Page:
If you want to a see a blank look on a student’s face, ask him about the Dewey Decimal library classification system. For better or for worse, the Internet often becomes an alternative to a library’s card catalogs. But how can you trust what you read on the Web?
“Frankly, this is my main concern, along with stumbling onto inappropriate material,” admits Bonnie Marks, a mother of two. “Just because someone publishes something on their home page, it doesn’t make it gospelâ€”many kids don’t know this.”
Learning where to go and how to appropriately use information that is on the Internet can be challenging to both parents and students. The following is a look at some of the most comprehensiveâ€”and reliableâ€”educational Web sites a student can bookmark and use to research school projects and homework assignments.
The free MSN Encarta site features more than 4,500 articles pooled from Microsoft Encarta, the award-winning electronic reference library, and comes with dictionaries, maps, fast facts, interactive quizzes, handy homework tools, and more.
Since 1995, Refdesk.com, which stands for “reference desk,” has served as a one-click springboard to many of the Web’s top dictionaries, encyclopedias, calculators, atlases, news headlines, and search engines. The site also includes a handy “homework helper” section that provides help in all subjects to students in every grade.
Ever wanted to know why earthquakes happen? How CD burners work? What the sun is made of? These questions, and a large amount of others related to computers/electronics, automobiles, science, entertainment, and people, are all answered at this award-winning Web site. Simply type a query into the search window or peruse the topics by category. Extras include free newsletters, surveys, and printable versions of all answers.
This site features an almanac, atlas, dictionary and encyclopedia made especially for kids, as well as handy search engine and layout designed for easy fact-finding. Check out fun features such as Biographies of the Presidents, the Geography Hall of Fame, and the Tallest Buildings Slideshow.
Consider Download.com the ultimate file repository that links to literally tens of thousands of downloadable free or shareware programs. This includes utilities for Windows, Macintosh, and Linux, Internet tools, desktop dictionaries and language translators, Pocket PC and Palm applications, and of course, computer games. Visitors can search by typing in a keyword or by perusing the many sections.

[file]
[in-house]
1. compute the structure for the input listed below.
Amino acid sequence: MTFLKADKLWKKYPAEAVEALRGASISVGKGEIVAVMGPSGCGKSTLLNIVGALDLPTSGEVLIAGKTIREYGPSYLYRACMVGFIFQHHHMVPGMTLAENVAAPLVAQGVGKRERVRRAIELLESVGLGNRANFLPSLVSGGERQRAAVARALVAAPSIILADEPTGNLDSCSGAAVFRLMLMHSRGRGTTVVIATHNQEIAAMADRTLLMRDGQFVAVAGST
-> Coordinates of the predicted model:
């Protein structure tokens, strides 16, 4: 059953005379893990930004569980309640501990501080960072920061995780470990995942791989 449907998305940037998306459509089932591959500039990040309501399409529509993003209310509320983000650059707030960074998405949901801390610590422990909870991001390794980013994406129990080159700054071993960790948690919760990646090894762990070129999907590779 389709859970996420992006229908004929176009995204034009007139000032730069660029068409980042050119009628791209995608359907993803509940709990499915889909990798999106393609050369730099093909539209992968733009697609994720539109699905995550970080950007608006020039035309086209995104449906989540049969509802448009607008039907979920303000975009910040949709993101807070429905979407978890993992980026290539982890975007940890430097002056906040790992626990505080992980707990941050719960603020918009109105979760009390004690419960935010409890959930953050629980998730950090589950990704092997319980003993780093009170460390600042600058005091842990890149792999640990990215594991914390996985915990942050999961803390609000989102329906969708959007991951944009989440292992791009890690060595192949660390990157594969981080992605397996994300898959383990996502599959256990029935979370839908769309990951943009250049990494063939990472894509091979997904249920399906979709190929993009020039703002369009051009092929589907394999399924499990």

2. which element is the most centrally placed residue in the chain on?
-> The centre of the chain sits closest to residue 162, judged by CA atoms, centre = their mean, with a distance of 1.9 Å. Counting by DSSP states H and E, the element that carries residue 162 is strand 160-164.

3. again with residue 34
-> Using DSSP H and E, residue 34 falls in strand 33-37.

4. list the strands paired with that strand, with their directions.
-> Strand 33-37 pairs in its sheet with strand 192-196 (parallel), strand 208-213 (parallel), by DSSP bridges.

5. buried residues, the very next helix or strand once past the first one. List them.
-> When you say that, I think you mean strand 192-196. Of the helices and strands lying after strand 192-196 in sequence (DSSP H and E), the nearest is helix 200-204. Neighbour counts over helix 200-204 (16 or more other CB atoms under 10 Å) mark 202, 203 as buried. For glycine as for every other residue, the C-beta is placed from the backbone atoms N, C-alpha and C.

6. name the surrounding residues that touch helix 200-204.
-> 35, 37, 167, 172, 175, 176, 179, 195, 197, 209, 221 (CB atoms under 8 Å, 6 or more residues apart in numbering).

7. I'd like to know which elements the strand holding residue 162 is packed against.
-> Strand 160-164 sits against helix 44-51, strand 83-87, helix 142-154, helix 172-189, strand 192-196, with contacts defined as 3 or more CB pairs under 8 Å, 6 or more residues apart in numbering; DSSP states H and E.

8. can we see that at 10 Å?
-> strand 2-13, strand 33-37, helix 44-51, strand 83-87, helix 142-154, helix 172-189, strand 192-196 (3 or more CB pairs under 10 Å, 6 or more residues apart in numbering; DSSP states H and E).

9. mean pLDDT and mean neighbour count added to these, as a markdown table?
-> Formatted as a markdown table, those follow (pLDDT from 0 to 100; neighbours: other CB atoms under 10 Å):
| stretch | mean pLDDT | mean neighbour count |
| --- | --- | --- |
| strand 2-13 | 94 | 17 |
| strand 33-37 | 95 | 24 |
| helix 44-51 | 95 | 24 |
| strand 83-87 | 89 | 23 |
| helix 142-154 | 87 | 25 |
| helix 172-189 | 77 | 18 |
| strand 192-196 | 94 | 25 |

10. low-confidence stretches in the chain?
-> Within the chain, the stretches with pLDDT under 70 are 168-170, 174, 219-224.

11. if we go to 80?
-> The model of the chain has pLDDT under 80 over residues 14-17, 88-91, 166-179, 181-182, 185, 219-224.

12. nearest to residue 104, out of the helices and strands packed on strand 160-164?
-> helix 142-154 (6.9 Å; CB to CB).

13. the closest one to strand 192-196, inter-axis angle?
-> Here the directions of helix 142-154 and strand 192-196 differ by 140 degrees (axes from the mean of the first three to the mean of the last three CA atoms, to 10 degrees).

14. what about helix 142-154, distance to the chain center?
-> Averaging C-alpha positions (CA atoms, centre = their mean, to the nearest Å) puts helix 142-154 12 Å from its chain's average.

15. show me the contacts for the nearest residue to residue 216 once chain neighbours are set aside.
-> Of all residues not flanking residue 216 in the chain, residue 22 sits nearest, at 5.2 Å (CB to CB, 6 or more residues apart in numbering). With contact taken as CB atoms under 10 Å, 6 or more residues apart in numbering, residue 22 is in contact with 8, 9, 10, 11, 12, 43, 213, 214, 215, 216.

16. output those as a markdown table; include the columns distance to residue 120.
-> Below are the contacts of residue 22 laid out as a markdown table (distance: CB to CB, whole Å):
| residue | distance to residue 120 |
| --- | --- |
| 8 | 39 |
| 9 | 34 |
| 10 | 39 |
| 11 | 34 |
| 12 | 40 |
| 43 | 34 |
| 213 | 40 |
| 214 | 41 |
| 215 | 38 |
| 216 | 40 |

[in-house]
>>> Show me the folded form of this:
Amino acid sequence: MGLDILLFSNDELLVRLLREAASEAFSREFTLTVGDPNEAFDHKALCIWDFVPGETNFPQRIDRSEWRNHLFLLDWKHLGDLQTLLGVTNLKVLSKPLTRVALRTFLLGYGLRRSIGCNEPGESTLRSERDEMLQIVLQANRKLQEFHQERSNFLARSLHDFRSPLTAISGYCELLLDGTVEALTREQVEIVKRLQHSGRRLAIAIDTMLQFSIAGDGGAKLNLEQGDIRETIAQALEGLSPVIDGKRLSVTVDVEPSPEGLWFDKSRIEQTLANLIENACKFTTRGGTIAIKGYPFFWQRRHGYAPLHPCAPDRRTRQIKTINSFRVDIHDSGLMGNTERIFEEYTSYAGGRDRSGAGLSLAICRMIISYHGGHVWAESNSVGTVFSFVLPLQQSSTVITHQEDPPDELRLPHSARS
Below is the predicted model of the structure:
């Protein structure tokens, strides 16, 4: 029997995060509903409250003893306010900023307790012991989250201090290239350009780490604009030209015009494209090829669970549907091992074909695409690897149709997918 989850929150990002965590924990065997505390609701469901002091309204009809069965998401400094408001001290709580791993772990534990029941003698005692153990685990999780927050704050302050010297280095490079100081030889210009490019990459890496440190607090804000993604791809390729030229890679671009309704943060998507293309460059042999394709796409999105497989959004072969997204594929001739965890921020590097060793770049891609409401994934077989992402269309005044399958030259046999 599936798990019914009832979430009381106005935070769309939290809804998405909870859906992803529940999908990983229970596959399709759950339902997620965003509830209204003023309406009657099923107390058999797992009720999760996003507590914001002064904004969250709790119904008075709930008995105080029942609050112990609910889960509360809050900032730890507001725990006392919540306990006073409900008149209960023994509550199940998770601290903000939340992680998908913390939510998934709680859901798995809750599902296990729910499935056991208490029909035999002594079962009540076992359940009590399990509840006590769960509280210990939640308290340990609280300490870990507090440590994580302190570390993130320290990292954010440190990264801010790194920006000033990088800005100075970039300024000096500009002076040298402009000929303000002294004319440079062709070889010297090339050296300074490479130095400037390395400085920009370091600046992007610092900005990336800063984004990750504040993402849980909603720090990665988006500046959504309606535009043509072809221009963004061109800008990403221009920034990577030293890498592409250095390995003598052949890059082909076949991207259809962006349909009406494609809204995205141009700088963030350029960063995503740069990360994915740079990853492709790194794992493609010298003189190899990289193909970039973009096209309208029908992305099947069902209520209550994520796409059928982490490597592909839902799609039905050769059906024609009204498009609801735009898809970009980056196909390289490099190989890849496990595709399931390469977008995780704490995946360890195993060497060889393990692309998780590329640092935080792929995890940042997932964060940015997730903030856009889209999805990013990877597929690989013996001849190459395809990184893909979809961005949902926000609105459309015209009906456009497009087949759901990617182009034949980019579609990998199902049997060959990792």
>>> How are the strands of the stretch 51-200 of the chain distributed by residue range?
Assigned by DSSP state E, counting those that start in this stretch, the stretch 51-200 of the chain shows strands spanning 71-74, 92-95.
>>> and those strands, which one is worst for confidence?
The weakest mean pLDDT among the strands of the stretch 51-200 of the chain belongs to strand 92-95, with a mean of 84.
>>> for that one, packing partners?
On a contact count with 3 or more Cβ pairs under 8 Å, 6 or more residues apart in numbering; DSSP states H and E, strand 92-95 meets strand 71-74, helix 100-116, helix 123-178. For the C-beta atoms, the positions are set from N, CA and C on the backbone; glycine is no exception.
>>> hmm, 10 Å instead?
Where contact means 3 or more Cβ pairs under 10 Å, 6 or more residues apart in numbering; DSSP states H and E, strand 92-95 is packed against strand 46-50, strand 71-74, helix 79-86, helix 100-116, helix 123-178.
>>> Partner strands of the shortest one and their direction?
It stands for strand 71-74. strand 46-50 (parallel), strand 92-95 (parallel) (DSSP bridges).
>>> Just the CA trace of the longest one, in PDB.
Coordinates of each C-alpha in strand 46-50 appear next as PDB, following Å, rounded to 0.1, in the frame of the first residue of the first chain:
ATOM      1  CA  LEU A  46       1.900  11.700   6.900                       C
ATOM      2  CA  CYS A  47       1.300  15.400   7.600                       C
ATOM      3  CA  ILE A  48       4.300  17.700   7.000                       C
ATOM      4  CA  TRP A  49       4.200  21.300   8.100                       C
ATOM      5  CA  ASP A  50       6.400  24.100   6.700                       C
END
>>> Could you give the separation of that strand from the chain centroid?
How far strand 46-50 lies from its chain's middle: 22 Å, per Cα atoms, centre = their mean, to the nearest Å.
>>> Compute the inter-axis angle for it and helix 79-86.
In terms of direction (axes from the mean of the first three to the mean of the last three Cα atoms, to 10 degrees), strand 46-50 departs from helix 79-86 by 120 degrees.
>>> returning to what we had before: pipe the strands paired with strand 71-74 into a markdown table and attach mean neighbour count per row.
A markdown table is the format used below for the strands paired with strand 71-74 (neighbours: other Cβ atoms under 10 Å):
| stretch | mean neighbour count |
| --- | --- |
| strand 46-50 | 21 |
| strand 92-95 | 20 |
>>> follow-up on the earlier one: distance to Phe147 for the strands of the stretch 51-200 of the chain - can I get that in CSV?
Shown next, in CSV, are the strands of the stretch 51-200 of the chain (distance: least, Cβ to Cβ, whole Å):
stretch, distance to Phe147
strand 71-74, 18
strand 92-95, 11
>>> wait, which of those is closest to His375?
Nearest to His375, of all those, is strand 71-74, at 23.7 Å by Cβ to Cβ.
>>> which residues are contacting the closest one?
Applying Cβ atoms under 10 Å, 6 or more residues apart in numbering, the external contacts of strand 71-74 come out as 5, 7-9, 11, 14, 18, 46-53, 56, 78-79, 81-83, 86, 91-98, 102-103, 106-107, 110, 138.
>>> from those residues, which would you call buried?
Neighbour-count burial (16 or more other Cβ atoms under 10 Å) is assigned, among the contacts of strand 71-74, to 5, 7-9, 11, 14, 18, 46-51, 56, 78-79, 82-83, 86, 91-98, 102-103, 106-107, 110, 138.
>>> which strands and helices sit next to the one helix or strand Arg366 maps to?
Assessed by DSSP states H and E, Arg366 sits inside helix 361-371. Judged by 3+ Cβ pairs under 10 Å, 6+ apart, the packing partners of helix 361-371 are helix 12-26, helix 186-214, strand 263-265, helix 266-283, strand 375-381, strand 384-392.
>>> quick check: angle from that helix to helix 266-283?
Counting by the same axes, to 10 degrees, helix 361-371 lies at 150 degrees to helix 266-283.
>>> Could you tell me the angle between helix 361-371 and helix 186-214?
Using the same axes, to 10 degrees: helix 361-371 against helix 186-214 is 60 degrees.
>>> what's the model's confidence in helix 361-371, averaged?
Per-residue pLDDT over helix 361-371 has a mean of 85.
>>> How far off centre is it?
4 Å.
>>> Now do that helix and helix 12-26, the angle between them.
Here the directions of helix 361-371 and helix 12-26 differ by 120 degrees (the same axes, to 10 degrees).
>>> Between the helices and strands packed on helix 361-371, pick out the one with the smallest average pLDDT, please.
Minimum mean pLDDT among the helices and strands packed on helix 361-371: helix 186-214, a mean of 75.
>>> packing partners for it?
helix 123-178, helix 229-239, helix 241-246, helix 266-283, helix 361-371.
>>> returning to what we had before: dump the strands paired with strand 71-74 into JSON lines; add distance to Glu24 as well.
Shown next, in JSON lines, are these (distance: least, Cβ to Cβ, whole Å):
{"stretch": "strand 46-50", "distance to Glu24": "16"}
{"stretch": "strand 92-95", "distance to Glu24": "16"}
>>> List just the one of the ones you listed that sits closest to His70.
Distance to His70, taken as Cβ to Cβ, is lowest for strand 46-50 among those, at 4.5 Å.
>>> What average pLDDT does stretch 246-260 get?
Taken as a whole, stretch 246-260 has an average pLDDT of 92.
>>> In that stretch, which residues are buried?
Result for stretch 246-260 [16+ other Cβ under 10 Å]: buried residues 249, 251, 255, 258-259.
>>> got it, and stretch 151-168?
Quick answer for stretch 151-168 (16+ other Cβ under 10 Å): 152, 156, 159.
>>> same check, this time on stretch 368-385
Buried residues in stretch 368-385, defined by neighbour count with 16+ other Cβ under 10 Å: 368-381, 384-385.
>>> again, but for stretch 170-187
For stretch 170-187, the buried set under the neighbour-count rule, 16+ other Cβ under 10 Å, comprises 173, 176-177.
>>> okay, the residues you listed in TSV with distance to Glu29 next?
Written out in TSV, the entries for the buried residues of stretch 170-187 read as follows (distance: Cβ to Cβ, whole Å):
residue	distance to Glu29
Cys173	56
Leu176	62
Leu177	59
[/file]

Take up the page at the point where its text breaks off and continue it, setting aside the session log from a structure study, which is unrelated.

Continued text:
The Web’s answer to those black- and yellow-striped Cliff Notes is Novelguide.com, a reliable and free source for literary analysis of classic and contemporary books such as Mark Twain’s Huckleberry Finn and Fyodor Dostoyevsky’s Notes from the Underground. The site offers character profiles, metaphor and theme analysis, and author biographies.
This site provides help in a number of mathematics-related subjects, including basic grade-school math, calculus, algebra, geometry, trigonometry, and statistics. Practice exercises are automatically graded, plus this free site also features a glossary, calculators, homework tips, math games, and lesson plans for teachers.
Sprechen Sie Deutsch? Perfect for language studies, this handy Web site automatically converts text from one language into another, such as English to Simplified Chinese or French to English. Simply type and paste up to 10,000 characters (about 1,800 words) into the search window and then select the desired language. Alternatively, you can cut and paste a Web URL to convert the entire site.
This Web site can be filed in the “where was this when I was a kid?” category. On the aptly named Shakespeare Online site, visitors can read every play or poem from the world’s most celebrated writer and, more importantly, make some sense of his works with free analysis, Old English language translations, and famous quotes.
Science classesÂ—including the ubiquitous science projectâ€”aren’t as easy for some to grasp as for others. At Science Made Simple, kids of all ages can get detailed answers to many of science’s questions, read current news articles related to science, get ideas on school projects, and take advantage of unit conversion tables. Users can also find out if their school’s textbooks pass the test.
Article written by Marc Saltzman and adapted from an original piece from Microsoft Home Magazine.